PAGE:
The power of three
"I can never do more for cricket than cricket has done for me," he said, wrapping up an interview. "I can never put back what was given to me."
Within this acknowledgement of perpetual indebtedness lay an equally powerful statement: that Clyde Leopold Walcott would never give up trying to repay it. Who else would weigh his cricket life on such an untenable scale?
Who could look at his contribution and say more was expected?
Sir Clyde Walcott was more than a legend in his time; he was one of the three men who reconfigured West Indies history by defining an era that has come to be known as the age of the three Ws.
West Indians, shaped by the molding hands of slavery, indentureship and colonialism, had liberated their spirits through an abiding individualism. Their cricket had thrown up outstanding and gifted players, men who stood out as sharply as silhouettes before the ascending full moon. Individuals whose talents summoned superlatives and overshadowed the team were the stuff of West Indian lore.
That is, until the three Ws -- Frank Worrell, Everton Weekes and Clyde Walcott -- three Barbadians who coalesced into one majestic unit in the public imagination. For the first time in its richly individualistic history, West Indies cricket came to know the power of three. It was a superb blend of the similarities borne by their environment and the differences in their personalities and styles.
Frank Worrell was the debonair diplomat, charismatic captain and astute tactician. Smooth, sleek, spirited and smart, he answered all the calls for a new West Indian leader. When he died in his early forties, the cricket world was immeasurably saddened. So young, so much was yet anticipated of this stellar being. The grief was as much for what had gone as for what was to come.
Everton Weekes was rated the best batsman of the trio. Coming from a social background that threw needless obstacles in his way, his trajectory was not as steep and he was deeply conscious that scoring hundreds would not guarantee him a place on a West Indies team renowned for its predilection for favouring political and social considerations in its selection process. He would have to score five consecutive centuries to secure his position. Although cricketers revere him, he was the last of the three to be knighted, and his considerable expertise and talent has not been utilized and embraced within the sphere of West Indies cricket as it should have been.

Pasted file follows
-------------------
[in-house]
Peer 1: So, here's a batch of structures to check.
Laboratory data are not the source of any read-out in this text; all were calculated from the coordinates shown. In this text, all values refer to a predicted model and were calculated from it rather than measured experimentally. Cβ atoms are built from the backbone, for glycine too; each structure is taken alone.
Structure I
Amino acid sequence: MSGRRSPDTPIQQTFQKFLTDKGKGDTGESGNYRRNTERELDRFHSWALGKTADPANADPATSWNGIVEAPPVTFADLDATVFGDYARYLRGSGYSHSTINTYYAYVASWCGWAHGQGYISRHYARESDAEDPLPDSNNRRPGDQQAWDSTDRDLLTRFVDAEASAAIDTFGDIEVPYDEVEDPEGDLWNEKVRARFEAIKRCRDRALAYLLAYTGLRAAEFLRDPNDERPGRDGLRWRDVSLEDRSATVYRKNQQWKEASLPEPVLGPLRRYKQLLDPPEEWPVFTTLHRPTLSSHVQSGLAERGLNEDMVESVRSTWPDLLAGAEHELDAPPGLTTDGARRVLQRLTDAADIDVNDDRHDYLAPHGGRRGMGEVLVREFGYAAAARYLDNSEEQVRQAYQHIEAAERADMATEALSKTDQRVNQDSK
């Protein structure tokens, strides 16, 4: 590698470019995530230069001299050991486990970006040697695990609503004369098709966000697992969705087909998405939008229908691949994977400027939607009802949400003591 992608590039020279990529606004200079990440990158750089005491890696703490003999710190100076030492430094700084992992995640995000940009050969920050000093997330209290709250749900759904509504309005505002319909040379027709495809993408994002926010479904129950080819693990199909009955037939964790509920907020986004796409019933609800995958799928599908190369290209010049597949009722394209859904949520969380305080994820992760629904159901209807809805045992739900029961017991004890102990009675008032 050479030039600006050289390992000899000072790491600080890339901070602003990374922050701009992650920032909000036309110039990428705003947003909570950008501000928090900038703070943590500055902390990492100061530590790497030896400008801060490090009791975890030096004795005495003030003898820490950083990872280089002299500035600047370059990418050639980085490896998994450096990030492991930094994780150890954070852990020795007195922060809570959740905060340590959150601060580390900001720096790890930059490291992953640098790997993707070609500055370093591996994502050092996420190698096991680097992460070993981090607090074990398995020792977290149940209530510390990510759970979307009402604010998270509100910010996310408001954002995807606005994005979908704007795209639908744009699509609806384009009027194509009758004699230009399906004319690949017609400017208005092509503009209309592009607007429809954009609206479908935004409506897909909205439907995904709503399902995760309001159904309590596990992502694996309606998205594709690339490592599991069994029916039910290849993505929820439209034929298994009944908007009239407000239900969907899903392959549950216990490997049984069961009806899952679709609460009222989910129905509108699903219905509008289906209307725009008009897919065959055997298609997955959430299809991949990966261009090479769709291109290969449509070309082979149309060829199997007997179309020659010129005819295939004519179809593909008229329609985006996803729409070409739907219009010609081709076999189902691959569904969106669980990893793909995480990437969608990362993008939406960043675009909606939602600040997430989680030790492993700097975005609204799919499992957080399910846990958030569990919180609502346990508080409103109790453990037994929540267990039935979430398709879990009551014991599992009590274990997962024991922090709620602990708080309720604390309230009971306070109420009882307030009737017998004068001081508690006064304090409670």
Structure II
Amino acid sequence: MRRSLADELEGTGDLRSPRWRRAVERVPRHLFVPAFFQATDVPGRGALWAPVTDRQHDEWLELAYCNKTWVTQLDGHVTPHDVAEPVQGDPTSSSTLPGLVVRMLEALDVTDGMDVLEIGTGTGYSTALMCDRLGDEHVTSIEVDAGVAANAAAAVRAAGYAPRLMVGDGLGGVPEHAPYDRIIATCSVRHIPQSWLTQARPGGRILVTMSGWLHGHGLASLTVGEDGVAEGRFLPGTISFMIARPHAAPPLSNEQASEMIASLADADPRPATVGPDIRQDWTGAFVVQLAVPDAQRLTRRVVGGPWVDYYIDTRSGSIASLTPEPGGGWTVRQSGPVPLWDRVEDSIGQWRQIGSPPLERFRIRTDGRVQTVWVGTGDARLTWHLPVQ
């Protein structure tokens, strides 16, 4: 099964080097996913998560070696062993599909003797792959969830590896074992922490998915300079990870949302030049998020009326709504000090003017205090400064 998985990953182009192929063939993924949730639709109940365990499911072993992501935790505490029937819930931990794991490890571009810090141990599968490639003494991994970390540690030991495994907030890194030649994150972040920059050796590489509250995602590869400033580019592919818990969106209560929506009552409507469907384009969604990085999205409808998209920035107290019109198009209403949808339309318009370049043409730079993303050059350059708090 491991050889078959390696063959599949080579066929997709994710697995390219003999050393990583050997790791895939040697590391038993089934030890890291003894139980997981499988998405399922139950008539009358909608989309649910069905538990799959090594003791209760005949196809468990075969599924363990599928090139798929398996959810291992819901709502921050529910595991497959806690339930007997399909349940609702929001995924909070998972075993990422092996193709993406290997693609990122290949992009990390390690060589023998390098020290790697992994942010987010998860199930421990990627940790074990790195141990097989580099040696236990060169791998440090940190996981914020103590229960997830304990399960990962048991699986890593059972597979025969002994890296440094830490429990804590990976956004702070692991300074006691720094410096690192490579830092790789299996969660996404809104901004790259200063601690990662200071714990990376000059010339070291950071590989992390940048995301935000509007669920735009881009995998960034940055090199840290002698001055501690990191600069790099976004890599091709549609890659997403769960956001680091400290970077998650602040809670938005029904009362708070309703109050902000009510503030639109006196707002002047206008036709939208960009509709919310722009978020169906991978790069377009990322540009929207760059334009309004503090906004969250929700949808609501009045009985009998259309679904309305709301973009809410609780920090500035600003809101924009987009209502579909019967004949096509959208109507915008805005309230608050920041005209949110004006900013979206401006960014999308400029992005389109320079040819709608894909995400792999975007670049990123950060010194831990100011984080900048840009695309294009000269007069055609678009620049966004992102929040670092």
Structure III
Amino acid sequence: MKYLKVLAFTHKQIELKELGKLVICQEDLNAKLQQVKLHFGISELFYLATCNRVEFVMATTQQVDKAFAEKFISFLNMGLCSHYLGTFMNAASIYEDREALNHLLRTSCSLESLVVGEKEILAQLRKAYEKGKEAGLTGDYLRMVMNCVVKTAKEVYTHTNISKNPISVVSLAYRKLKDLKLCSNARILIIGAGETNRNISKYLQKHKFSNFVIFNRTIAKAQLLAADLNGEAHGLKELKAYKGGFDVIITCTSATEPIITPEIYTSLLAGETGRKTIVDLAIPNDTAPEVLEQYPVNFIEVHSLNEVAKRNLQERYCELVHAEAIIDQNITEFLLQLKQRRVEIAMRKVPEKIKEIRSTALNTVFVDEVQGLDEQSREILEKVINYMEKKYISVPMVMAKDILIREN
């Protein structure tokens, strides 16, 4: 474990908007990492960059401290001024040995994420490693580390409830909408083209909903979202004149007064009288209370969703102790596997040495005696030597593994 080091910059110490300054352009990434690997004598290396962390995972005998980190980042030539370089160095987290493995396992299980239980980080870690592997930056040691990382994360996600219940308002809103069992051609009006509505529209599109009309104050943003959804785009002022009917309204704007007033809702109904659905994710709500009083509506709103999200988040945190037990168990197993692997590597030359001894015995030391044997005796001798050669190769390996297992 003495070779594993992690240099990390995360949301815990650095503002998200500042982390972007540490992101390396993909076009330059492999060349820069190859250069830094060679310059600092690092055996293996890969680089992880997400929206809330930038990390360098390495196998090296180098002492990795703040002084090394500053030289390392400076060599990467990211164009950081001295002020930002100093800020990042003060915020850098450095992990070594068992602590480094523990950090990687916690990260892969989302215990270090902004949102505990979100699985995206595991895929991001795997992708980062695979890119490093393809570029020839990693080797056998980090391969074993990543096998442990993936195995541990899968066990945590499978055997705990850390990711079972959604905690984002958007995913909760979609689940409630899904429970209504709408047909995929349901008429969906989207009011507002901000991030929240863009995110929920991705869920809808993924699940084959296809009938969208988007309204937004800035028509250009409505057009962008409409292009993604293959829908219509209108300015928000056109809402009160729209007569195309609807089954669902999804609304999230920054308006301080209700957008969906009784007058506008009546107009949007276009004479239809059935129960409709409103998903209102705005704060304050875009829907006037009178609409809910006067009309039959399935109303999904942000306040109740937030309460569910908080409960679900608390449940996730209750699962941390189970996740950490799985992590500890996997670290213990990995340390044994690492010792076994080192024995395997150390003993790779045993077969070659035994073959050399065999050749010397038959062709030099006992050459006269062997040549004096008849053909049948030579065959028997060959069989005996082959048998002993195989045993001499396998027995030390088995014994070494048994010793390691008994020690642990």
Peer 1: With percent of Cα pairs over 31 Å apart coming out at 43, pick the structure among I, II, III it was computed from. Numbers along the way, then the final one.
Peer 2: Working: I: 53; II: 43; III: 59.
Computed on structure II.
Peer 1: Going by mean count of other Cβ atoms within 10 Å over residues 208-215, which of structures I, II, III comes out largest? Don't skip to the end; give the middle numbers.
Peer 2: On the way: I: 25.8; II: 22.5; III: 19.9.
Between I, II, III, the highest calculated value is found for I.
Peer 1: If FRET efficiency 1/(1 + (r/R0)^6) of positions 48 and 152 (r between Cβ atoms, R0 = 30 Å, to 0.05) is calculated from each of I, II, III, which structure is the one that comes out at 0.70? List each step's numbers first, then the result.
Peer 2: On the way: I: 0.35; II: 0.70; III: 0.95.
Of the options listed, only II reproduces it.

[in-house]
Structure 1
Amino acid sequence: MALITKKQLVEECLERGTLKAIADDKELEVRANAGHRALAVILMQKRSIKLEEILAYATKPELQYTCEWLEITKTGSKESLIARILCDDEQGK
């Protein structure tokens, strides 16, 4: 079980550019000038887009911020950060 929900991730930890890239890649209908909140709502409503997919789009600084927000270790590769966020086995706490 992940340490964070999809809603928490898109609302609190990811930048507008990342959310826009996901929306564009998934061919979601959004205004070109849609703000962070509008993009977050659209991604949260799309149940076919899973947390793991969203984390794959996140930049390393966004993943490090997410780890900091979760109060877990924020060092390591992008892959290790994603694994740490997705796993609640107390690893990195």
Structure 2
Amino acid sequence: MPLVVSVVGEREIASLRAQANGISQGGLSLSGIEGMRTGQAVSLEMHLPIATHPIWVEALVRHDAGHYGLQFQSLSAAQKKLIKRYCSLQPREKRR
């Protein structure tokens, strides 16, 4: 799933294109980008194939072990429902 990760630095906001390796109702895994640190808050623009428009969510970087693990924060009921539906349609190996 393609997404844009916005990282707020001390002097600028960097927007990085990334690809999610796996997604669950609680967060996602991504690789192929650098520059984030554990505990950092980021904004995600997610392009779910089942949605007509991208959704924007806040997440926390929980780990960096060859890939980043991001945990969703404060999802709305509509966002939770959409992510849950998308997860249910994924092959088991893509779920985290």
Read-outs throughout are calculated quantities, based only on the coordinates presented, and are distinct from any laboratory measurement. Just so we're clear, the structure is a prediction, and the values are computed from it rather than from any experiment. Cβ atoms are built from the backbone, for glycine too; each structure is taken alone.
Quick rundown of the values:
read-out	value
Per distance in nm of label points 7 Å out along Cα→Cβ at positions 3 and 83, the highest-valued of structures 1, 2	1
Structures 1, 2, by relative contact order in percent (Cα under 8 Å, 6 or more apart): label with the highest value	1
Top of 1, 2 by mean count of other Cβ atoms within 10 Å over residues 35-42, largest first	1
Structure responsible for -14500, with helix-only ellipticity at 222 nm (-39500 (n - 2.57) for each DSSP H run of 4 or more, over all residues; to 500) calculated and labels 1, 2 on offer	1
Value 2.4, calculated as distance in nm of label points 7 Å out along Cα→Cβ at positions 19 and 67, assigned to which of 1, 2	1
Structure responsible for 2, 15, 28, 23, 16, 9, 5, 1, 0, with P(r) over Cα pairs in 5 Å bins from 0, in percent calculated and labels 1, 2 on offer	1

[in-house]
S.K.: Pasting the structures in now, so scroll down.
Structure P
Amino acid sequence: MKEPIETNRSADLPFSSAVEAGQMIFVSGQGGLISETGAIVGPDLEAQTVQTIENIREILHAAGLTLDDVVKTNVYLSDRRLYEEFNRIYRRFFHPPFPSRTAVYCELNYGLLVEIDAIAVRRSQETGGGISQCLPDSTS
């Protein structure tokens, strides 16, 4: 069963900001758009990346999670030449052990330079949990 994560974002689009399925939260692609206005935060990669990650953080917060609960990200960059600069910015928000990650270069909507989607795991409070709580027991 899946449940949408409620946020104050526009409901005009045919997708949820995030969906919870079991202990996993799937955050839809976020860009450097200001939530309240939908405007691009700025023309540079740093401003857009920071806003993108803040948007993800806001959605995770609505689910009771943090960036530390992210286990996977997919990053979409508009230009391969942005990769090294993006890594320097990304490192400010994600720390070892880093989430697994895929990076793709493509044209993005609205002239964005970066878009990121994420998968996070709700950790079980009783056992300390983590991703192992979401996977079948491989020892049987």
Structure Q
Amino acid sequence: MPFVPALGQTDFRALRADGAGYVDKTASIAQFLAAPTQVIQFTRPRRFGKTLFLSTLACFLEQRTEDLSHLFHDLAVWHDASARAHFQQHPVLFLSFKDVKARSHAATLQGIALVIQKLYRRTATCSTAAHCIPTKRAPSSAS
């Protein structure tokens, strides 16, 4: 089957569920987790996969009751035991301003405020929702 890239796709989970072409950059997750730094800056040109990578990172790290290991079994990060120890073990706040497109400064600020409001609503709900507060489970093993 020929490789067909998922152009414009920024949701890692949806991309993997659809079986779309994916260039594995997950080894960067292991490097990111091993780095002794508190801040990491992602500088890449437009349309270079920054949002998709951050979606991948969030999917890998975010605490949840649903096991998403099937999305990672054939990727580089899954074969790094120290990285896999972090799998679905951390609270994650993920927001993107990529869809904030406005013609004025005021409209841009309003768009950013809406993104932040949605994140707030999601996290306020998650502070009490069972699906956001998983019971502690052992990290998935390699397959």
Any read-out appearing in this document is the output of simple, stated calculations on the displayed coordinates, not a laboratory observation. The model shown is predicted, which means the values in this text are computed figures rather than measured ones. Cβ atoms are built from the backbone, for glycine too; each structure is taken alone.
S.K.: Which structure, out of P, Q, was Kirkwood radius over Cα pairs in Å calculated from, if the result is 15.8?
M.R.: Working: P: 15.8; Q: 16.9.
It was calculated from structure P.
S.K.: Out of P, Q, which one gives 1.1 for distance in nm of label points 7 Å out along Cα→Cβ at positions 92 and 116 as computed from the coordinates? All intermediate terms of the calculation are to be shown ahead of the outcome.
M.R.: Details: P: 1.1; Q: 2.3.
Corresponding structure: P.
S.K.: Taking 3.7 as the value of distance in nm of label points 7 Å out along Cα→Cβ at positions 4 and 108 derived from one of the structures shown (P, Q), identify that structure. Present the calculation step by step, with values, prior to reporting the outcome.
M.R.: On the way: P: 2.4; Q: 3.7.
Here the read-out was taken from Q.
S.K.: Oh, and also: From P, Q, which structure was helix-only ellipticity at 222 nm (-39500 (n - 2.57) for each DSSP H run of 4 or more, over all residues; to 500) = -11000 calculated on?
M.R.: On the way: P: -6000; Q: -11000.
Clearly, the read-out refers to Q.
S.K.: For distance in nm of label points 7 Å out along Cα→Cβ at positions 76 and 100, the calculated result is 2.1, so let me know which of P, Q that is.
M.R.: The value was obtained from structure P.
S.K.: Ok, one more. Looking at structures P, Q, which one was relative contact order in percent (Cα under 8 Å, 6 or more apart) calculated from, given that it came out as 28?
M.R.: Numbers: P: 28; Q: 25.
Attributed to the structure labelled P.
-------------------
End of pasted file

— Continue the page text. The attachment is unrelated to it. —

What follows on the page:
Walcott was the danger man. Powerfully built, standing at 6ft. 2ins. he was a mighty hitter with aggressive instincts that rendered bowlers impotent by the sheer force of his drive. Having learnt at Harrison College that he could double his chances of playing if he expanded his skills, he became a wicketkeeper. Though his height complicated this he was good enough to serve in this capacity for the West Indies though it later injured his back.
It was fortuitous because although he made his debut for Barbados at 16 - and just after World War II he set a record stand of 574 (his highest, 314*) for the fourth wicket with Worrell against Trinidad in 1946 - he did not score well in his first international encounter with the MCC, and it was his safe gloves that kept him on the side until he and his bat reconciled.